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Protest: No new increase in taxes
Written by Staff Reporter   
Wednesday, 23 July 2008 13:47

The Cottonwood City Council meeting July 15 was rowdy and crowded as compared to many prior council meetings. A total of 76 citizens showed up to protest the 0.8-cent sales tax hike.

Old Town Mission Director Bryan Detwiler, leader of the protestors, said he believes the residents are starting to see the importance of participating in their government.

“Will [the residents] stop the next tax? Yes,” Detwiler said, “Will [the residents] hold this city accountable for responsible spending in the future? Yes. Will [the residents] hold this city government to responsible governance? Yes.”

Detwiler said the current tentative city budget for fiscal year 2008-09 shows no actual cuts in spending. Instead, the city council “bent over backwards” to lead the public to believe there was no extra funding, he said.

Detwiler respectfully disagrees.

He pointed to the fact that this year’s budget of $88.5 million is actually $10.3 million more than the $78.2 million spent the previous year.
The new Natural Resource Department is one area of added budget expense, Detwiler said.

City Manager Doug Bartosh pushed back, saying the city continues to change and grow, creating a higher demand for services. The question the city council was faced with was whether to cut services or increase revenues, he said.

The council reviewed how Cottonwood has the lowest level of taxes in Yavapai County. Council decided it was prudent to slightly increase revenues versus substantially cutting services, Bartosh said.

The Natural Resource Project is a new one, but money for the project was simply transferred out of the city’s budget for administration, Bartosh said.

The new Natural Resources Department director is a reclassification for Assistant City Manager Robert Hardy; his salary is being transferred to the newly created department.

The tentative FY2008-09 lists the Administration Department as costing the city $462,960, down from last year’s cost of $473,200.

Bartosh said Hardy was transferred out and Kyla Allen was brought in as executive assistant to the city manager. This position was approved in FY2007-08.

Another significant cost for administration is $25,000 in new computer software which comes out of the capital fund, Bartosh said. The other big increase is $18,000 for the coming elections in spring 2009.

The Natural Resource Department is budgeted $149,845 for FY2008-09, up $122,000 from last year. The largest increase is Hardy’s salary, which is $87,962. The rest of the increase is attributed to a new car for the department that will cost $22,000.

Bartosh said the reason for the new car is Hardy travels thousands of miles throughout the state representing the city on water issues. The current car has traveled 100,000 miles and has become unreliable.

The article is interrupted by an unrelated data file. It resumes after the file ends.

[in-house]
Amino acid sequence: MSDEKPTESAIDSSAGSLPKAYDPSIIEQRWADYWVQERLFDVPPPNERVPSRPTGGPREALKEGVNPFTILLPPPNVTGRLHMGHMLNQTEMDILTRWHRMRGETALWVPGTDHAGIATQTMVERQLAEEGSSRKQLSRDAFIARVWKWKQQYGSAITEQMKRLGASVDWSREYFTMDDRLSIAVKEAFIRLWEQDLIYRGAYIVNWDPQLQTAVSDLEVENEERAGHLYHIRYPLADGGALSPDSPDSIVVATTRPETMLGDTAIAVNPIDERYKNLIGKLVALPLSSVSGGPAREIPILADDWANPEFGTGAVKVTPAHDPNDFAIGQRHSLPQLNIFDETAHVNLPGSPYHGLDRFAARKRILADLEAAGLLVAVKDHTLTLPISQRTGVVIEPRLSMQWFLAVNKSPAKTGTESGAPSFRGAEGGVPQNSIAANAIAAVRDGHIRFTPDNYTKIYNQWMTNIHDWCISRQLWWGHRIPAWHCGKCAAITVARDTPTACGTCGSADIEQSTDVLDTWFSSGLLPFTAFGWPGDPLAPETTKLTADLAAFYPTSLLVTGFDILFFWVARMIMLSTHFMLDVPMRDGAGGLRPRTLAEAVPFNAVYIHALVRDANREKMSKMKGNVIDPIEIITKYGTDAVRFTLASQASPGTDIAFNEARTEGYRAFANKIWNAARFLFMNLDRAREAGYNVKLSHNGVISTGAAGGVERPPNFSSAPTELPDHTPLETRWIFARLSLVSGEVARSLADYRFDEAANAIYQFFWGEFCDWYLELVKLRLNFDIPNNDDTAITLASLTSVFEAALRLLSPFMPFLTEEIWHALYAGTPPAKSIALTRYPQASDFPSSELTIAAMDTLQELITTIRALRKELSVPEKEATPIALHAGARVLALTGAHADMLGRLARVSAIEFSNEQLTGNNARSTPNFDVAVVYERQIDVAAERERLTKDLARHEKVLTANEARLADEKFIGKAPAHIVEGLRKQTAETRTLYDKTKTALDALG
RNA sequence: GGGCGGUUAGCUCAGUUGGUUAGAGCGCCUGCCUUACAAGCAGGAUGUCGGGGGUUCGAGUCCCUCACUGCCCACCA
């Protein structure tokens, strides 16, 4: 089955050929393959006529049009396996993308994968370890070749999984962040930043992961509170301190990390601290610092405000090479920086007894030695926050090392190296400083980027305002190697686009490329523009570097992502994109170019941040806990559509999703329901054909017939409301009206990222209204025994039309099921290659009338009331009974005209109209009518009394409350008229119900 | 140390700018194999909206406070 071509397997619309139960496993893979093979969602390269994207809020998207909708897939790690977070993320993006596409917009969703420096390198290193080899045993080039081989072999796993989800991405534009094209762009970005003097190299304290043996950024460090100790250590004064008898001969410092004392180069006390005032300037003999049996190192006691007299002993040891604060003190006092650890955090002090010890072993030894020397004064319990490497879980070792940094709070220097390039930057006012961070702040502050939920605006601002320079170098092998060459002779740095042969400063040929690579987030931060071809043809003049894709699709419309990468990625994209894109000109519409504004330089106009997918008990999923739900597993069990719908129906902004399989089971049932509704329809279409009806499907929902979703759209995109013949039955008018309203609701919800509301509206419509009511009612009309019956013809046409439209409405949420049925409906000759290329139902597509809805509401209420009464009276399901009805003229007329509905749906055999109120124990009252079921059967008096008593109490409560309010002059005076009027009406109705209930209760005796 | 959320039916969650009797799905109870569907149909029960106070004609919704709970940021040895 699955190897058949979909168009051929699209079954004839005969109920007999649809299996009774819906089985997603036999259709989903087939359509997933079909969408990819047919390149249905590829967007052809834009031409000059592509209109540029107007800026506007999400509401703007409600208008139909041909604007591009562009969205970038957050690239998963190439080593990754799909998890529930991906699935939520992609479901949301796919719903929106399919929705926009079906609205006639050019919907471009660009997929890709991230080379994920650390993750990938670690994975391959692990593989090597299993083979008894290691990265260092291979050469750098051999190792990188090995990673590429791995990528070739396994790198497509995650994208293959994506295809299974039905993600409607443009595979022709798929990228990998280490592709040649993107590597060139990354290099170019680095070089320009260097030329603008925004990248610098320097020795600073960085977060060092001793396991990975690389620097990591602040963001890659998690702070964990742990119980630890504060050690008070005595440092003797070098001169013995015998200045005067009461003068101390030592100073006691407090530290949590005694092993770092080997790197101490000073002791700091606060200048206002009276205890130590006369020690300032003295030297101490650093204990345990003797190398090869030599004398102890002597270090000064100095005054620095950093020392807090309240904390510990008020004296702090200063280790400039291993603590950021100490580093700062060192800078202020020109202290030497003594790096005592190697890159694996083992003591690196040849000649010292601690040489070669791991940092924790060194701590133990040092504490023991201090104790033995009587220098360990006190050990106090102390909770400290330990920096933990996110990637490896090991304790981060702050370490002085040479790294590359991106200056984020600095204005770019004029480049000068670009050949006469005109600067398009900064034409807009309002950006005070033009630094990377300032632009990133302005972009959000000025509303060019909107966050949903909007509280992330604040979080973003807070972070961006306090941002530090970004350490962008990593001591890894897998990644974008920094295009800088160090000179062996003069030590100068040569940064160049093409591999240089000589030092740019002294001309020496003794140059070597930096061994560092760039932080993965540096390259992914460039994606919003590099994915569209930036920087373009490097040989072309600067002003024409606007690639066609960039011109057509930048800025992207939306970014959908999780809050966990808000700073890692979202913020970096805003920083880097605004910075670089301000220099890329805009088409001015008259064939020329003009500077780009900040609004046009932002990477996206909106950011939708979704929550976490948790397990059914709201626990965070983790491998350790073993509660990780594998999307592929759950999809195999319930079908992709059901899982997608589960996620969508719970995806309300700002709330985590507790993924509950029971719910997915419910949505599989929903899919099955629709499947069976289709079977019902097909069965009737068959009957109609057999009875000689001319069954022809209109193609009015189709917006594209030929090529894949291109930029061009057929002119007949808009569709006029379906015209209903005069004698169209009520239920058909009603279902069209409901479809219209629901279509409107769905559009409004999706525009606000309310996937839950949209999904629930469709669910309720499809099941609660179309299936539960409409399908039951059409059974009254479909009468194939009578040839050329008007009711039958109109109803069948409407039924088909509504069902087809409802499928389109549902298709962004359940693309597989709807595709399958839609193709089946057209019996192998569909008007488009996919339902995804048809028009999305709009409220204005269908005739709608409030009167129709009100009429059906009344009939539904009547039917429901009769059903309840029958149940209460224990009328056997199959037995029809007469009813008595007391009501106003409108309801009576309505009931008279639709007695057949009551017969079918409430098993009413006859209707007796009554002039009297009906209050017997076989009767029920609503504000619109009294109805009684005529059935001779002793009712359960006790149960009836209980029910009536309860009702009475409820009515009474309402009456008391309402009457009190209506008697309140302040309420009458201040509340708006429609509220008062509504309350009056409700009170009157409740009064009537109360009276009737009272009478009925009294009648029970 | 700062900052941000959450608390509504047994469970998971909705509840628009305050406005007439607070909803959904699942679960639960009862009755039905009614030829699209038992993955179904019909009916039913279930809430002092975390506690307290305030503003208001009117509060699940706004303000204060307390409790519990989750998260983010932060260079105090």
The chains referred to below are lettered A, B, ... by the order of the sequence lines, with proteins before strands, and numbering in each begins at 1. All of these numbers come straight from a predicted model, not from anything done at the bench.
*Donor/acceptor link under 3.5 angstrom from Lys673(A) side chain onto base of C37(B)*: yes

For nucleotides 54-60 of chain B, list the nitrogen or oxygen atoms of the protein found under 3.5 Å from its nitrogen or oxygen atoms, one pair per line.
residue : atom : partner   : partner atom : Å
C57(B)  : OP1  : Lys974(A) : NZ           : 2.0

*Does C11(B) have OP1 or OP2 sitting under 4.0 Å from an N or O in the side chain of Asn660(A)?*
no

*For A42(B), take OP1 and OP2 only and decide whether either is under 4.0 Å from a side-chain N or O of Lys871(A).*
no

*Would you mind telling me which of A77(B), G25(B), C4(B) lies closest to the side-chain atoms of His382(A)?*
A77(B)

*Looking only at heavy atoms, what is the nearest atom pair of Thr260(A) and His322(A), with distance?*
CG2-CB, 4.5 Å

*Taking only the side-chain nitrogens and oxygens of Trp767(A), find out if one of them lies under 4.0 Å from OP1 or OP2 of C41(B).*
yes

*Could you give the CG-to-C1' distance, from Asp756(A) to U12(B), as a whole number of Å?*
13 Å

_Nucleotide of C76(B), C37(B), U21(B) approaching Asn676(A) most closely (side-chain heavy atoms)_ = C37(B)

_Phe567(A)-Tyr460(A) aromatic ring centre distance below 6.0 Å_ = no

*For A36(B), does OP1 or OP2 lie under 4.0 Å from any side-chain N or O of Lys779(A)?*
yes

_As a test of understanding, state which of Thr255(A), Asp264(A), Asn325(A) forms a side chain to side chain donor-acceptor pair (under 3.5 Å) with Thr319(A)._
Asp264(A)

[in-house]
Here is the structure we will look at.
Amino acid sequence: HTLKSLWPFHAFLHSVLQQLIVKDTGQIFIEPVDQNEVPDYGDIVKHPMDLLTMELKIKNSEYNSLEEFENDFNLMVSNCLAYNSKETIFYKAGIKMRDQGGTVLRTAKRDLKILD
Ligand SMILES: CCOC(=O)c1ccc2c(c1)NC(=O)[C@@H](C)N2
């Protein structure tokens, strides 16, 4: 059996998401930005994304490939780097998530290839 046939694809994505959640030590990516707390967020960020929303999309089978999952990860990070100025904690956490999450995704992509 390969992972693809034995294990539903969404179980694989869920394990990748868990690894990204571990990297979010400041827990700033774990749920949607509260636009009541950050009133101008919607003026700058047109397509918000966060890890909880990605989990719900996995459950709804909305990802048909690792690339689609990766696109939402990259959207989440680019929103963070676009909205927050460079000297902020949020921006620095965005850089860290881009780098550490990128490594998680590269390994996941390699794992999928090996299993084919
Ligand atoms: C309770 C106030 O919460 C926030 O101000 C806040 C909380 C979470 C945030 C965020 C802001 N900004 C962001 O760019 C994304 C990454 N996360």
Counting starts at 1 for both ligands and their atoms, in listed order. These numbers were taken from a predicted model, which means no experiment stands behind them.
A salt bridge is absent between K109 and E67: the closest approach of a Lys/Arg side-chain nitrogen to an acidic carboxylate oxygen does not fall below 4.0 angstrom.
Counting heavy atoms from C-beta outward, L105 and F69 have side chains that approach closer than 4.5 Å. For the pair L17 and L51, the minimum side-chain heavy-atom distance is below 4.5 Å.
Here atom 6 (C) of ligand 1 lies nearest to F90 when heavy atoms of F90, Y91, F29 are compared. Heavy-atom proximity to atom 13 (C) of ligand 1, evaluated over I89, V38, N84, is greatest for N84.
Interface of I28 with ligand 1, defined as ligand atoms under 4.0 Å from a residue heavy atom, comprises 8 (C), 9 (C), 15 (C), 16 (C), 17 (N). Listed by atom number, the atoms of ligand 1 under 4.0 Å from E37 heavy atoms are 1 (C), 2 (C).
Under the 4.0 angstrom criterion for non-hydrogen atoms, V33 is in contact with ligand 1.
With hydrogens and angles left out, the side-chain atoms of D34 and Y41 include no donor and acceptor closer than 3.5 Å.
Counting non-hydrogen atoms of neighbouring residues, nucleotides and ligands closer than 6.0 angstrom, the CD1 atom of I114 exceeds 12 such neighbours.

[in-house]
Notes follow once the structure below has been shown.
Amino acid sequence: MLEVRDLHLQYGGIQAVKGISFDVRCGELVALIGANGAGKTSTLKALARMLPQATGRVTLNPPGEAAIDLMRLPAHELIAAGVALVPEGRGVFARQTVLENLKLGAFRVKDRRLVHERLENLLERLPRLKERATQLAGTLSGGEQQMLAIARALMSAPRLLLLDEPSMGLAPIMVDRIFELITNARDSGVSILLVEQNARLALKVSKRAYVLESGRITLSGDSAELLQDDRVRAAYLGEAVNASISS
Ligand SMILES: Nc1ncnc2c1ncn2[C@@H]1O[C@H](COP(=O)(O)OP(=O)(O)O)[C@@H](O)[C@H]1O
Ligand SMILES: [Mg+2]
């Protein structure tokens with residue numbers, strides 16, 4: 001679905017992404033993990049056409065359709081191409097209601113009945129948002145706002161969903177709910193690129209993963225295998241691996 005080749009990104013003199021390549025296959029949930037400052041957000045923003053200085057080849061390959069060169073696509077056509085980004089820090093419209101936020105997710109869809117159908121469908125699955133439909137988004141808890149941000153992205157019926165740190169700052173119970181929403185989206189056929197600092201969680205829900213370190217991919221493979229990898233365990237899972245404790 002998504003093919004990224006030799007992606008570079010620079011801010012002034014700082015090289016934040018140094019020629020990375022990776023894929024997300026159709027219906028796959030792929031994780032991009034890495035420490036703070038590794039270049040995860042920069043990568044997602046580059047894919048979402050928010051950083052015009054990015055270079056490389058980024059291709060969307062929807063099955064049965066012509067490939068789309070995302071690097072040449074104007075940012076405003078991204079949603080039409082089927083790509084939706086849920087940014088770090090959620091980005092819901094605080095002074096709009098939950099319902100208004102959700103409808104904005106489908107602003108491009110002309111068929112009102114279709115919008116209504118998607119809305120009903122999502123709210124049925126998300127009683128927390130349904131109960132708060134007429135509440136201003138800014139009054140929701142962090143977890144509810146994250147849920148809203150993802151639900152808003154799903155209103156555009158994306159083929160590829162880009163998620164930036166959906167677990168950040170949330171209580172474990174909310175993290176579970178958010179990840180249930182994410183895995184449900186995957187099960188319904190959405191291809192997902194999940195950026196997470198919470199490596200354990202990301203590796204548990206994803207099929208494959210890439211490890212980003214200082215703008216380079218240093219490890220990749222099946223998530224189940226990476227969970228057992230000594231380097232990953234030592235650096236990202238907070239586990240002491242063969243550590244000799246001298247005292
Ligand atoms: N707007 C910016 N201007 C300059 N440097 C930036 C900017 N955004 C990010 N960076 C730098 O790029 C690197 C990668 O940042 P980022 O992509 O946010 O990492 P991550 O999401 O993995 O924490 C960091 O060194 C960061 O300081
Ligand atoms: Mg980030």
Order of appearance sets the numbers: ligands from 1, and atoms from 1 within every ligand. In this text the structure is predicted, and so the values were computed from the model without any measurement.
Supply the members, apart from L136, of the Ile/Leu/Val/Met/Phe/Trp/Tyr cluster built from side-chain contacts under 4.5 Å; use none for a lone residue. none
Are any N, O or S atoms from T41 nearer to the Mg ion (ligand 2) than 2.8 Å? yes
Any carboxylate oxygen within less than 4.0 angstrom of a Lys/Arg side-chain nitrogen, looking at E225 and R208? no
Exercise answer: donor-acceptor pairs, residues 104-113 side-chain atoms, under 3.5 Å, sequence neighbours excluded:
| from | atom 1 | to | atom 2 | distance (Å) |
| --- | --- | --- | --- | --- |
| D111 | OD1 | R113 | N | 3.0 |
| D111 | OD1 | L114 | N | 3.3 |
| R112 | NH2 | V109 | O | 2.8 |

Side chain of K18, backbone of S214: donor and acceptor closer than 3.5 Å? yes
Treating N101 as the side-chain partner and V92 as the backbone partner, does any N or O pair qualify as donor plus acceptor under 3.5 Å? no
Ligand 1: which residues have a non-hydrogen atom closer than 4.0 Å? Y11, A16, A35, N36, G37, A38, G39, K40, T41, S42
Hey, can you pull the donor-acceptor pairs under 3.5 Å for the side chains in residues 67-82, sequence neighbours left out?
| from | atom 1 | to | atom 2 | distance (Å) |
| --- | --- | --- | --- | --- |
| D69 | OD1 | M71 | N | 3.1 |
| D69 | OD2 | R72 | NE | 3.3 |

He said the next fiscal year’s budget could be less than this year’s since a number of capital improvement projects will be completed.

The city council spent $25.9 million in FY2006-07, spent $78.2 million in FY2007-08 and is expected to spend $88.5 million in FY2008-09.

The jump can be explained by the the Greater Arizona Development Authority loan of $20 million the city must pay for construction of the new recreational center.

The General Fund for FY2008-09 is tentatively set at $19.6 million, an increase of $5.4 million over FY2007-08’s $14.2 million.

Bartosh said the reason for the increase is $4.4 million in reserves being transferred forward for capital projects. These capital projects include Mingus Avenue reconstruction west of Willard Street, 12th Street between Cherry Street and Mingus Avenue, and the design of the Regional Communications Center.

The city also is holding $1 million to be used in the event of an emergency. The amount is enough to keep the city running for 60 days, he said.

Out of this $19.2 million, employee pay accounts for $11.4 million.

Without the 0.8-cent sales tax hike, the city would be forced to substantially cut back services. This means the city might have been forced to close down the Parks and Recreation Department, stop funding the Cottonwood Public Library and drastically cut back on street improvements, Bartosh said.

He said the city would have also been forced to eliminate three police officers and two firefighters; significantly cut back on hours of operation for public services lilke the pool; eliminate Rhythm and Ribs festival; end support for the Senior Center; and eliminate grants and assistance to community organizations.

The Cottonwood Police Department budgeted $3.5 million for FY 2008-09. This is $400,000 less than the previous year, as the cost of designing a new Regional Communications Center is being paid for out of the capital improvements fund, Bartosh said.

 

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